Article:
It may not sound like the most progressive building material, but mix it with an insulating formwork and you’ve got a solid, energy efficient and speedy building system.
What’s more, ICF lends itself to pretty much any design. From curved towers to barn-like dwellings, ICF can master the style.
ICF is based on hollow block or sheet components, usually made of polystyrene, fastened together with metal or plastic connectors. The panels or blocks lock together without bonding materials to provide a formwork system into which concrete is pumped.
Walls are generally constructed to first floor level before filling with concrete, letting it dry and going up to the other levels or roof.
The formwork remains in place, not only to shape the walls, but also to provide a robust layer of thermal insulation – one that will last for the lifetime of the building.
The formwork bestows fantastic U-values ranging from around 0.30 W/m2K right down to around 0.11 W/m2K – perfect for the Building Regulations, and the higher levels of the Code for Sustainable Homes.
The structures also have very low air infiltration rates, almost all of which are accounted for by window and door openings. Consequently there is very little heat loss, which further boosts thermal efficiency.
ICF is fast to build with and requires less in the way of traditional building skills when compared to brick-and-block and even timber frame projects. In most cases, a four-room ground floor can be erected in just a couple of days.
Only a small team of semi skilled (to around NVQ level 2) operatives is needed to put up the basic structure – which will save money on time and labour.
Most ICF firms in the UK run training courses to bring you up to the right level of competency to help construct the house yourself.
And, as the insulation and structure are all completed in a single process, the homeowner inevitably saves time and expense on this too.
While it is easy to spot the construction system used on many homes, it is nearly impossible to tell an ICF house from a masonry or timber frame project. This is because the system is ultra flexible design-wise.
The blocks can be used for creating curved walls, arches and irregular angles – you can build in any style, to virtually any dimension.
It’s easy to construct bay windows, circular portholes and doors too, as they can be integrated into the building envelope and internal walls, eliminating the need to specify specialist products.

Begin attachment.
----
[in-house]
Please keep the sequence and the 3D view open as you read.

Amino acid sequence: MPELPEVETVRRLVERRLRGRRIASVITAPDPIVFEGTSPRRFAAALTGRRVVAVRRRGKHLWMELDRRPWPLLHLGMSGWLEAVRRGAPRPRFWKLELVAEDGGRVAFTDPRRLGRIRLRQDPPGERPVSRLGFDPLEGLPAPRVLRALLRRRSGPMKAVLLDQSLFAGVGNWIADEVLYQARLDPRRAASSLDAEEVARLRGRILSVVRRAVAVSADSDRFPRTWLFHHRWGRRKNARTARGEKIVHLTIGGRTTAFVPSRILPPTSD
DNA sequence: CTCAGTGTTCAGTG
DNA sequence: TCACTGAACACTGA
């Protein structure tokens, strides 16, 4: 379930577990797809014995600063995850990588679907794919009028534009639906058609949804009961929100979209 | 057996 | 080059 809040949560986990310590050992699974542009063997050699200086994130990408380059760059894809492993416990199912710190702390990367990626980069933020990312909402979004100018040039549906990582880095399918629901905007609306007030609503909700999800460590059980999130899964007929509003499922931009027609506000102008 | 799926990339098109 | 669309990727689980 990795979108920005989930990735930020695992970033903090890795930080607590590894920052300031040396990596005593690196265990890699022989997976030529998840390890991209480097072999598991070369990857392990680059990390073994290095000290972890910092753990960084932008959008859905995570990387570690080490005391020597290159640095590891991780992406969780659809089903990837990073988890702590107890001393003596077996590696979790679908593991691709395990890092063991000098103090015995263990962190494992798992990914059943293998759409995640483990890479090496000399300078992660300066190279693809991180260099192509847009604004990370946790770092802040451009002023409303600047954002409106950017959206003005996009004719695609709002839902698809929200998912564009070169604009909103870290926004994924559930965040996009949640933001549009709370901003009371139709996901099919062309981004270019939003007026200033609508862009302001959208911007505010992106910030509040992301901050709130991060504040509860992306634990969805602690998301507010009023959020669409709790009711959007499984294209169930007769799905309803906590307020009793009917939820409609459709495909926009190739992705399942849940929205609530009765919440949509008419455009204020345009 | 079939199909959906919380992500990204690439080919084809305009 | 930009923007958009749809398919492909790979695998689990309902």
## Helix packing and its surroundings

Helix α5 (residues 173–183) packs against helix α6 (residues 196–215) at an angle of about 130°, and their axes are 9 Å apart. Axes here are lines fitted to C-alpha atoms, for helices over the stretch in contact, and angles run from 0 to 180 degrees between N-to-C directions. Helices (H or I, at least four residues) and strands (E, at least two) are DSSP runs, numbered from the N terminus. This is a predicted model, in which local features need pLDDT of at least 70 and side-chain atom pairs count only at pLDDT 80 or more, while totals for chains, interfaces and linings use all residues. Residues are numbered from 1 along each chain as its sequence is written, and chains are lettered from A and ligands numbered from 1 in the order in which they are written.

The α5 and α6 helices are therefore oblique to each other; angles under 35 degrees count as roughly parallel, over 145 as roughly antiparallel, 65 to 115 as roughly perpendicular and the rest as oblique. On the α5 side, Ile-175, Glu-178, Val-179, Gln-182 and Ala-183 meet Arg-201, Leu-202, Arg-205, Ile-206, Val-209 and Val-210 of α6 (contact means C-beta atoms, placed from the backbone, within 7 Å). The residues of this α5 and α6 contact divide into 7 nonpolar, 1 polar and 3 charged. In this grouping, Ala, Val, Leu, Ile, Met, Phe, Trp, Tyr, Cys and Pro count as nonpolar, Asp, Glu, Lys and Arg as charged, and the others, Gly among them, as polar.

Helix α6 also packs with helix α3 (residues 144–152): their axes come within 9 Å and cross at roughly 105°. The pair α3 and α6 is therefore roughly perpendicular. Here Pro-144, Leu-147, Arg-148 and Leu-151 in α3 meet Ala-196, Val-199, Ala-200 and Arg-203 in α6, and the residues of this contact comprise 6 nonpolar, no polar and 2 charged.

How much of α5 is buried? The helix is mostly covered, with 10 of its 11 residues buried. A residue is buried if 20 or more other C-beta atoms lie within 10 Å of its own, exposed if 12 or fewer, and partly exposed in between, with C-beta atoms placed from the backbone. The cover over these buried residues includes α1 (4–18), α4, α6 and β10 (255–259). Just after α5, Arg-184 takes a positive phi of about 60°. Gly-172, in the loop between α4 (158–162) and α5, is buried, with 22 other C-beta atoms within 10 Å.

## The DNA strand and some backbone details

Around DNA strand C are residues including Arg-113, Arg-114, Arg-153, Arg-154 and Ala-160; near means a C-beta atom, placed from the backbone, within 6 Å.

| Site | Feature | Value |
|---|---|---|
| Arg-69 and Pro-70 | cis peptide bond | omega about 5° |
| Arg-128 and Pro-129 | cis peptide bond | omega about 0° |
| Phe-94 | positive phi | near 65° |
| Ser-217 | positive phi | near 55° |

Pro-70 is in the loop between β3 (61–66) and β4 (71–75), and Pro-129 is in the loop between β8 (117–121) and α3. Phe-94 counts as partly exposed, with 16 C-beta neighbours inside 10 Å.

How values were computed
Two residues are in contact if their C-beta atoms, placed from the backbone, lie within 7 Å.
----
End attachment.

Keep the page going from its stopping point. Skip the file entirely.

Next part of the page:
Case study: Award Winning Energy-Efficient Self Build
The dramatic design of this building incorporates local and traditional materials to reflect the previous derelict farm buildings on the site and blend with the rural landscape.
Local architect, Peter Bamber, was commissioned to design a modern, energy efficient family home reflecting the existence of the previous buildings of farm cottage and stone-clad and open barns.
In the dramatic design produced, the three elements are apparent, the cottage and barn being connected by the glazed link which is timber clad, reminiscent of the old open barn.
Combining the unique design of three different elements, along with the client brief for sustainability, was potentially problematic.
The solution, however, was a fabric first approach, specifying solid construction with Wallform ICF for the external walls, and concrete floors.
The polystyrene blocks or sheets give a uniform and smooth surface that is ready to take most forms of internal and external finish.
Externally you can clad ICF with a myriad of materials. Many ICF homeowners opt for some sort of coloured flexible render, as it works really well and can be applied directly onto the polystyrene.
You can also choose more conventional finishes such as brick slip, stone facade or weatherboarding depending on your design.
Read more: Design Guide to Building with ICF
Although ICF sounds like simplicity itself, there are a few things to bear in mind if you choose the system.
The pour stage is critical – the ready-mix has to be of the right consistency to flow to all parts of the formwork, and the system must be braced to exacting measurements, or else walls could distort. The concrete has to be poured in slowly and steadily or there is a risk of the forms bursting open.
Obviously mistakes do happen, but an experienced operator will be able to resolve any problems.
Adapting the house in the future – adding doors and windows, or moving their position – can be fairly difficult, although not impossible using specialist tools.
The concrete frames offer a whole floor space without further loadbearing walls, so you can remodel floor layouts.
Comments are closed.